The most common turn to the right that we do in foxtrot at all advanced levels is the Half Natural (SQQ). This requires the lady to step back into a heel turn, then step forward in closed position.

Open Natural -- Beginning usually in semi-closed position, this is essentially three forward steps for the partner as the leader swings across her path turning right. If she keeps her eyes focused on the same spot in the room, she will find that her head changed from right to left (to go into banjo position) but she did little or no turn. The body turned under her head.

Want to go left? We have the basic figures Reverse Turn and Promenade Weave. Think about the inside/outside of turn.

Reverse Fallaway & Slip and Three Fallaways increase the difficulty but follow the same rules.

If a figure goes in one direction, can it be done in the opposite direction? In foxtrot, we have Curving Three Step, which turns to the left and Curved Feather, a similar action that turns to the right. The lady will be on the inside of the turn in both.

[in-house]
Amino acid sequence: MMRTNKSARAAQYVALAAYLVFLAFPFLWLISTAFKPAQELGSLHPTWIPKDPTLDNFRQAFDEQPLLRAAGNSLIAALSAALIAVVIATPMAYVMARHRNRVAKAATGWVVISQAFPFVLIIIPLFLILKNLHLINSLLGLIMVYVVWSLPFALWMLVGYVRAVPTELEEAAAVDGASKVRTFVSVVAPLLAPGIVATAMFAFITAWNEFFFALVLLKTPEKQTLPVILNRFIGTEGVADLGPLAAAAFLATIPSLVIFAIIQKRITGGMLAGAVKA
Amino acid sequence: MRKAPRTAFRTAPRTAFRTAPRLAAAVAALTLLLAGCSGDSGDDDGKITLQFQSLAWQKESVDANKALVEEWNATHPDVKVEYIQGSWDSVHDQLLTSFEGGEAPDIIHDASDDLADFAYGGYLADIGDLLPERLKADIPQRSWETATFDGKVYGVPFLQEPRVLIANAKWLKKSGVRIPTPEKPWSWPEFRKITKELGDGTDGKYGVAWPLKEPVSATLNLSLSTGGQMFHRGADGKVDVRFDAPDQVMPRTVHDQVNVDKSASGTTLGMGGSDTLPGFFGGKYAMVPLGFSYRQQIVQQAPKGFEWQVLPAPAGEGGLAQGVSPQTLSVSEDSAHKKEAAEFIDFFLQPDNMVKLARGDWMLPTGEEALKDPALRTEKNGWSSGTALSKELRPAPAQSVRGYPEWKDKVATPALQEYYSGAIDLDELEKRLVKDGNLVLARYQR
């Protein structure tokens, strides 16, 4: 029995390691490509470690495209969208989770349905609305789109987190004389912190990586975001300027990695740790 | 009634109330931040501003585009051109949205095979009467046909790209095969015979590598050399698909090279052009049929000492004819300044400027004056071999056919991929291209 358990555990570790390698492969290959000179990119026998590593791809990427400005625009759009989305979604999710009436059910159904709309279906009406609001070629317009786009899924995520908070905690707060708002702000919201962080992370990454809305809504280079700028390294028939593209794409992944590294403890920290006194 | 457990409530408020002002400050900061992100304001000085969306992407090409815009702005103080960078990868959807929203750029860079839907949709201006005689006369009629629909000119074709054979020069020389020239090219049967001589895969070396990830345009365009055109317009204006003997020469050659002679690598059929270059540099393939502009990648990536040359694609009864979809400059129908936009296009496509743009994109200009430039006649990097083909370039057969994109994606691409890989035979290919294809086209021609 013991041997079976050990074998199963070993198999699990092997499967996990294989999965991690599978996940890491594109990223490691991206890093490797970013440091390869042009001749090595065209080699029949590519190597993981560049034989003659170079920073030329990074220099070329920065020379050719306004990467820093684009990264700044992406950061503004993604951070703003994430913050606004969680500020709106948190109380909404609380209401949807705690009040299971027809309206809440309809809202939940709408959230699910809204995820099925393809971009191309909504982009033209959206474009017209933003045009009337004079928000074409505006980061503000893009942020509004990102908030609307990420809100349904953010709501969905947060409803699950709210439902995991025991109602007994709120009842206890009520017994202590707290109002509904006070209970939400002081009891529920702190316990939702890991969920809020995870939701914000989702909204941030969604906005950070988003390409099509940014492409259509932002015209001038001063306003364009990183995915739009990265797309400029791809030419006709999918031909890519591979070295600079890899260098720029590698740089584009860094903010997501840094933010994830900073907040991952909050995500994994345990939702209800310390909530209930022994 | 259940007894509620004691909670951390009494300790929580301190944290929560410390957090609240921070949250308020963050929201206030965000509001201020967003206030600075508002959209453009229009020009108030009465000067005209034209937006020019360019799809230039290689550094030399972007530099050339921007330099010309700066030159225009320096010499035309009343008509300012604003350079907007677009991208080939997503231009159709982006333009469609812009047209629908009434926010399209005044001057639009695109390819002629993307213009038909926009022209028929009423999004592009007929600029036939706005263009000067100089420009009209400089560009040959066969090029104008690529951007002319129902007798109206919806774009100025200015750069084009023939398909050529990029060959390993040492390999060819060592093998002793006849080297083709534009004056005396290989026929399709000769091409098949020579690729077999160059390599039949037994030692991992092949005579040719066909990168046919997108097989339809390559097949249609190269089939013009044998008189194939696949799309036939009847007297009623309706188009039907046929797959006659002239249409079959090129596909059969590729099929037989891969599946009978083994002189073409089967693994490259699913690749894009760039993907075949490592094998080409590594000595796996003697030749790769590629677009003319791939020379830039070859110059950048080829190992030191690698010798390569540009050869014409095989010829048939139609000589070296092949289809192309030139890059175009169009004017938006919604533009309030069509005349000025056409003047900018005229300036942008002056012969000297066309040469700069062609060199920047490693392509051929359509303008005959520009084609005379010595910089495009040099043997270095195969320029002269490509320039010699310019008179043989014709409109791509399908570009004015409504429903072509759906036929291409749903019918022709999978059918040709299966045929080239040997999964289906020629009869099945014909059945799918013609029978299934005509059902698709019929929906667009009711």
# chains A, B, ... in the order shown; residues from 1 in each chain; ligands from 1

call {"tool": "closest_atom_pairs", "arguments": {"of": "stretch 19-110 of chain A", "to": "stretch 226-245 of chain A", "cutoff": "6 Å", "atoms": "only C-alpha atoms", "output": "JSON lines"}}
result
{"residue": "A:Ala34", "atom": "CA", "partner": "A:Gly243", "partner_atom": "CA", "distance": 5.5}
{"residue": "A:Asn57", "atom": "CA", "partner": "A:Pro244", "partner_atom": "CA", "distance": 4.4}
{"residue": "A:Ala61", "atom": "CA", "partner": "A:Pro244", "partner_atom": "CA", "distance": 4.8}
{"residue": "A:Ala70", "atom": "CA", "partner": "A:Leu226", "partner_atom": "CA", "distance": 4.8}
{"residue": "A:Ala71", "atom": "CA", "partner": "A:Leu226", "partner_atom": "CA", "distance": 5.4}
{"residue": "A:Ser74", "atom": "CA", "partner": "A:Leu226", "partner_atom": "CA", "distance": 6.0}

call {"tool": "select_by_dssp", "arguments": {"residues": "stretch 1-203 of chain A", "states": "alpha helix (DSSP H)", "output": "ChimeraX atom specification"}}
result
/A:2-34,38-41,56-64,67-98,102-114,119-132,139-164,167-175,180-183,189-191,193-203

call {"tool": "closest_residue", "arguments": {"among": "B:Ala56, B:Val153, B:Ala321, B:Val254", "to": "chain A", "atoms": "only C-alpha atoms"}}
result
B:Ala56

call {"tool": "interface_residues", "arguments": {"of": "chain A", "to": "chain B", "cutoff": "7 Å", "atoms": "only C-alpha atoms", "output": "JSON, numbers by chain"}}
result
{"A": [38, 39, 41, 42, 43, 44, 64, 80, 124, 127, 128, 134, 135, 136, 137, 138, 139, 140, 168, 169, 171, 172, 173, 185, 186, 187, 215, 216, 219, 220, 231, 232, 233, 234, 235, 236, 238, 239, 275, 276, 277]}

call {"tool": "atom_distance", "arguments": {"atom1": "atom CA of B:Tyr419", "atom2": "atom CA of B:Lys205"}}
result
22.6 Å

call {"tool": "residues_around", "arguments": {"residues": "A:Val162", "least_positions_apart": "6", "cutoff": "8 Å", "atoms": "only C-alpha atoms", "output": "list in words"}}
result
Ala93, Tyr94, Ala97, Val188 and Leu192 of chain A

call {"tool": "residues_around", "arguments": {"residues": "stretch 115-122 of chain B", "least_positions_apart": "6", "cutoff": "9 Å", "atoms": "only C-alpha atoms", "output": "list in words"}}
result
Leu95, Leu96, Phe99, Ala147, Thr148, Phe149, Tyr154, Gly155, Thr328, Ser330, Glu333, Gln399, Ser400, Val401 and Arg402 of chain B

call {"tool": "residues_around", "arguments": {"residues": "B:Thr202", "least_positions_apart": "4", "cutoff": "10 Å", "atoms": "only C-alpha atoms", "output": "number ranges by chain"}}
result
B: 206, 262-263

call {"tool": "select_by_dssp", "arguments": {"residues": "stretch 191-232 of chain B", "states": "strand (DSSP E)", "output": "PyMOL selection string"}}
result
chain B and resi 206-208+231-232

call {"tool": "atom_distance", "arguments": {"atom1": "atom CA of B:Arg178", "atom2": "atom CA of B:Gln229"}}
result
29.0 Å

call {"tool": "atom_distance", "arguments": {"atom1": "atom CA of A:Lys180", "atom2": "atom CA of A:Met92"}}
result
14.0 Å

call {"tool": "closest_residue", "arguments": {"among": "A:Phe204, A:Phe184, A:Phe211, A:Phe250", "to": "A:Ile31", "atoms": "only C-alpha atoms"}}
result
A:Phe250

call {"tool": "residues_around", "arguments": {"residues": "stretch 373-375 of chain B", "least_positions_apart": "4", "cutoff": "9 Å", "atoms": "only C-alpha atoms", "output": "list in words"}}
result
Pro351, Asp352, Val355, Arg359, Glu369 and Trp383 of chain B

If you can dance the Double Reverse Spin, how about the Double Natural Spin? The leader puts the partner into a heel turn for both of them, but the follower will need some practice rotating on her left foot in the natural spin.

Pivots are a form of rotation that occur over a foot. Think inside/outside of turn so that one partner can coast as the partner going forward on the outside "works."

The impetus to semi-closed position is usually a problem figure because the lady does not move far enough past her partner (think spine going past her partner's) or the man turns too soon knocking her off her feet (instead of delaying on the inside of the turn).

The rules about turns work when you remember to be consistent. One turn may seem different each time you do it, but that will typically be because of the amount of impulsion coming from the figure preceding the turn. Turn early, turn a lot; move your spine; identify inside and outside of turn -- those rules will not fail you.

*Thomas Wilson, London, 1816
**A Technique of Advanced Standard Ballroom Figures, Geoffrey Hearn, 2007, and RAL Manual of Standards, as updated through 2017


From clinic notes for the ICBDA convention, 2018, and reprinted in the Dixie Round Dance Council (DRDC) Newsletter, June 2019.


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If you would like to read other articles on dance position, technique, styling, and specific dance rhythms, you may visit the article TOC.